Bottle shop owner clueless about laws
A bottle shop owner has had his licence cancelled because he has a "complete absence of understanding" about liquor laws.
The NZ Liquor Licensing Authority suspended Ming Zhao's general manager's certificate in November last year and his shop, Thirsty Liquor in Pakuranga, had its licence suspended for several weeks after he sold alcohol to underage customers in several stings.
Zhao was awarded a re-hearing in December after claiming he hadn't been told about the hearing, so was unable to appear and give evidence.
With "considerable reservation" the authority granted a re-hearing but made it clear it was only to reconsider the punishment.
In a recent decision the authority found Zhao was incompetent, didn't understand his responsibilities and didn't have any systems in place to prevent further breaches.
The authority cancelled Zhao's licence, but continued the initial off-licence ban for his store to give Zhao time to find a new general manager or sell the business.
BOTTLE SHOP CUSTOMER COULD BARELY WALK
In a decision released earlier this week, the authority denied an application by Han Oh Kim for a general manager's certificate.
The authority heard Kim, an employee of Southmall Liquor Bargain in Manurewa, had sold alcohol to a man who was so intoxicated he could barely walk.
Auckland District Licensing Authority inspector Gail Tagaloa told the authority she had seen a man enter the liquor store in February 2012 then come out empty handed. As he passed her, ''she noticed that his eyelids were almost to the point of closing and that he was having difficulty in standing up and walking straight''.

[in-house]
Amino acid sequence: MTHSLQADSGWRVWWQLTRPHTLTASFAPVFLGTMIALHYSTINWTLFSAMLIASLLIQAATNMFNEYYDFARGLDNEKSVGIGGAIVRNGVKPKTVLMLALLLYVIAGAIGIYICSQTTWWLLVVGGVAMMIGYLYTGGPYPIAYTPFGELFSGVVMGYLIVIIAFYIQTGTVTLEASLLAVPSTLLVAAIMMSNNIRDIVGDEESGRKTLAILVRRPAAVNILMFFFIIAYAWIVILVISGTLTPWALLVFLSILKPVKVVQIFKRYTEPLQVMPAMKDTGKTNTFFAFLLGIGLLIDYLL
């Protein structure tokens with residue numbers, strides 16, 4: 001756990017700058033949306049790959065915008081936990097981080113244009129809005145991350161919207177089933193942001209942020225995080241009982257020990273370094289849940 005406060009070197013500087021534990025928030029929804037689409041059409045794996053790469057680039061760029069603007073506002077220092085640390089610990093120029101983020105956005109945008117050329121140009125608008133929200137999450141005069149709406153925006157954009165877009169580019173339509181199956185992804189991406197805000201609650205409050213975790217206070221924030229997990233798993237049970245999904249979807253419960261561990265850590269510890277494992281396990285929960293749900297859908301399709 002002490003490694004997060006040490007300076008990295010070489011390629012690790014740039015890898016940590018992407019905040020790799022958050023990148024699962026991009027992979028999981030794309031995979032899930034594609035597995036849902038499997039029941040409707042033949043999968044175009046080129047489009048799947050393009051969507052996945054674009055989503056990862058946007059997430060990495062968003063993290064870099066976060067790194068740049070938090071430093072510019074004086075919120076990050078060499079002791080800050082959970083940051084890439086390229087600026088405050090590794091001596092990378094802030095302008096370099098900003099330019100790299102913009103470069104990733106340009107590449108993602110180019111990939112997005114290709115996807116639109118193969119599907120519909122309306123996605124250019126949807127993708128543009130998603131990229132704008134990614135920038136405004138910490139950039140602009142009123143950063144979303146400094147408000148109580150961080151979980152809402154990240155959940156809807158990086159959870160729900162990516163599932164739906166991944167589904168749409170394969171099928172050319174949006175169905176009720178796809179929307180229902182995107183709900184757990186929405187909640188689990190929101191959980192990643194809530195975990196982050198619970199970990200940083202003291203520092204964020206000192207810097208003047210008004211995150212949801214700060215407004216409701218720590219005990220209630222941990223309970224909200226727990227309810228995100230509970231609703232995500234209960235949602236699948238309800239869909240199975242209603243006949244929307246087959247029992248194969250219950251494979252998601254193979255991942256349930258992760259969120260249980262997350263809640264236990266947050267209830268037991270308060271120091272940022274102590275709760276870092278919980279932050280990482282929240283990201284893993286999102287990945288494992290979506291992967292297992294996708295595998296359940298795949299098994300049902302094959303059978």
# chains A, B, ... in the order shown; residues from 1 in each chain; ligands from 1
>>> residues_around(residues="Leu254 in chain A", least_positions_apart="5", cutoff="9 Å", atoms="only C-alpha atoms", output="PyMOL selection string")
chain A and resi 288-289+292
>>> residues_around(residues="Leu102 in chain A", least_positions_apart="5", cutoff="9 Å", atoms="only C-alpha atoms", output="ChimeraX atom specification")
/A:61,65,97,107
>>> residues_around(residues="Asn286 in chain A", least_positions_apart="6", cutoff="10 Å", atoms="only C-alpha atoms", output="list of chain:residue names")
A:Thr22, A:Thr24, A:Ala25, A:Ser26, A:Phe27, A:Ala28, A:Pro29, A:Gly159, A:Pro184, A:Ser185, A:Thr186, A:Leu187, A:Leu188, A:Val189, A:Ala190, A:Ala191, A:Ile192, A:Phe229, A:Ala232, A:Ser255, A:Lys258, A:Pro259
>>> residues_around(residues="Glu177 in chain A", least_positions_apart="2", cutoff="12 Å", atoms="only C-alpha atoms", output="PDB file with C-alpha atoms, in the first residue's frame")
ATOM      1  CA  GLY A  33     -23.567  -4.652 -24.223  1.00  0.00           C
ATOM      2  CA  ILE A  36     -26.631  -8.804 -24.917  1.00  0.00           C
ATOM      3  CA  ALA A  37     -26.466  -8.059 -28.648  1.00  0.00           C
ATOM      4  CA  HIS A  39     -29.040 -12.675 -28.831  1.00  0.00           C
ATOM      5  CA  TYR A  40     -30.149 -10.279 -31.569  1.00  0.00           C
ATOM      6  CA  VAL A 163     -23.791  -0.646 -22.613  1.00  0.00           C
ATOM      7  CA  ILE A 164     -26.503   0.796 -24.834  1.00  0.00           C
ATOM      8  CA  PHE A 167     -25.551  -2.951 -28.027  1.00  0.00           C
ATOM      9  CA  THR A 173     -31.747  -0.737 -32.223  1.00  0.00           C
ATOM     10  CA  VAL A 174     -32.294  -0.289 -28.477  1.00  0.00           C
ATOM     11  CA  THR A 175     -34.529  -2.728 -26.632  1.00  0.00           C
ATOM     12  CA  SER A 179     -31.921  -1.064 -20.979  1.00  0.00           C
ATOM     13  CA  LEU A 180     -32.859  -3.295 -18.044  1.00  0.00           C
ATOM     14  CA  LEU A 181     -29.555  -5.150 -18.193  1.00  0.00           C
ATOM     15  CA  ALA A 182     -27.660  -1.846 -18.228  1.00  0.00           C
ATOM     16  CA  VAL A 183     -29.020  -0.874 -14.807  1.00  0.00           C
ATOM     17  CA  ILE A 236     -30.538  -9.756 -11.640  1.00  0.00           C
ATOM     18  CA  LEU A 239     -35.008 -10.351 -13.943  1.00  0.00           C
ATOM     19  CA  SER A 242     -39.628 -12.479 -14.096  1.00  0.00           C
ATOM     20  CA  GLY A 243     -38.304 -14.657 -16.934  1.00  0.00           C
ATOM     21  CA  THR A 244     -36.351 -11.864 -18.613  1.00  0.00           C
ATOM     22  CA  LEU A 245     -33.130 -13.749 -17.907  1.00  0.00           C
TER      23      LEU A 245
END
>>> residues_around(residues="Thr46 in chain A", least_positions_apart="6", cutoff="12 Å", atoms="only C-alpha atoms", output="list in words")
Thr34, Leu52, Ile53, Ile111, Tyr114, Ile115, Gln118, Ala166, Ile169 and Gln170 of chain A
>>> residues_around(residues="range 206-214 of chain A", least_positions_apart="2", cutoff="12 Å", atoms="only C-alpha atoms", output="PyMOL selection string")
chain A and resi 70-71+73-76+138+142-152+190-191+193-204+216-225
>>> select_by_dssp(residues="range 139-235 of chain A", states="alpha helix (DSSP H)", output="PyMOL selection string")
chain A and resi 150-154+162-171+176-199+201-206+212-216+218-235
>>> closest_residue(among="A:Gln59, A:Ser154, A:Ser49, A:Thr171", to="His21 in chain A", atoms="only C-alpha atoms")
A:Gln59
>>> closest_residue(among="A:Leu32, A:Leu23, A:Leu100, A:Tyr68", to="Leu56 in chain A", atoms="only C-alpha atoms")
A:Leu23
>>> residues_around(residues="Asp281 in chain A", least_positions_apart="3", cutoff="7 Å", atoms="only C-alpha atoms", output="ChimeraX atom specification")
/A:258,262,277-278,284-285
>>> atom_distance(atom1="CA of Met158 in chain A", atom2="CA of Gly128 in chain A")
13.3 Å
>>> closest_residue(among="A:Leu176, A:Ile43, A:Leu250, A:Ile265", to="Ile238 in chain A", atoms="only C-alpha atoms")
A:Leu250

Tagaloa said she later saw the man re-enter the bottle shop with a woman and leave with a box of beer. The woman also had a box of alcohol.
She said in-store security footage showed the man ''staggering backwards away from the counter'' and using the woman to ''hold himself up''.
The authority heard Kim, 25, had three convictions - two for drink driving and another for careless driving - but police had not objected to his application.
Kim told the authority he didn't think the man was intoxicated but admitted he could have been ''high''.
In denying Kim his licence, the authority said while it wasn't an offence to sell alcohol to someone affected by drugs, it still raised "concern as to the judgement and suitability of the seller".
CONVICTIONS STOP WORKER GETTING LICENCE
Thanit Singhcharoenchai was also denied a general manager's certificate by the authority because of his criminal history.
Singhcharoenchai, who had worked at Nickie's Restaurant and Bar for 11 years, applied for a licence in July last year and declared convictions for using offensive language, possessing a knife in public and possessing cannabis for supply.
Police opposed Singhcharoenchai's application on the basis of those convictions and two others that he hadn't declared involving a drunken car crash.
In July last year Singhcharoenchai flipped his car after losing control while doing twice the speed limit in a 50kmh zone in Greenlane East. He was later found to have a breath alcohol reading of 708 micrograms of alcohol per litre of breath. The legal limit is 400.
The authority requires a stand down period of at least two years for people applying for liquor licences if they've been convicted of offences involving alcohol.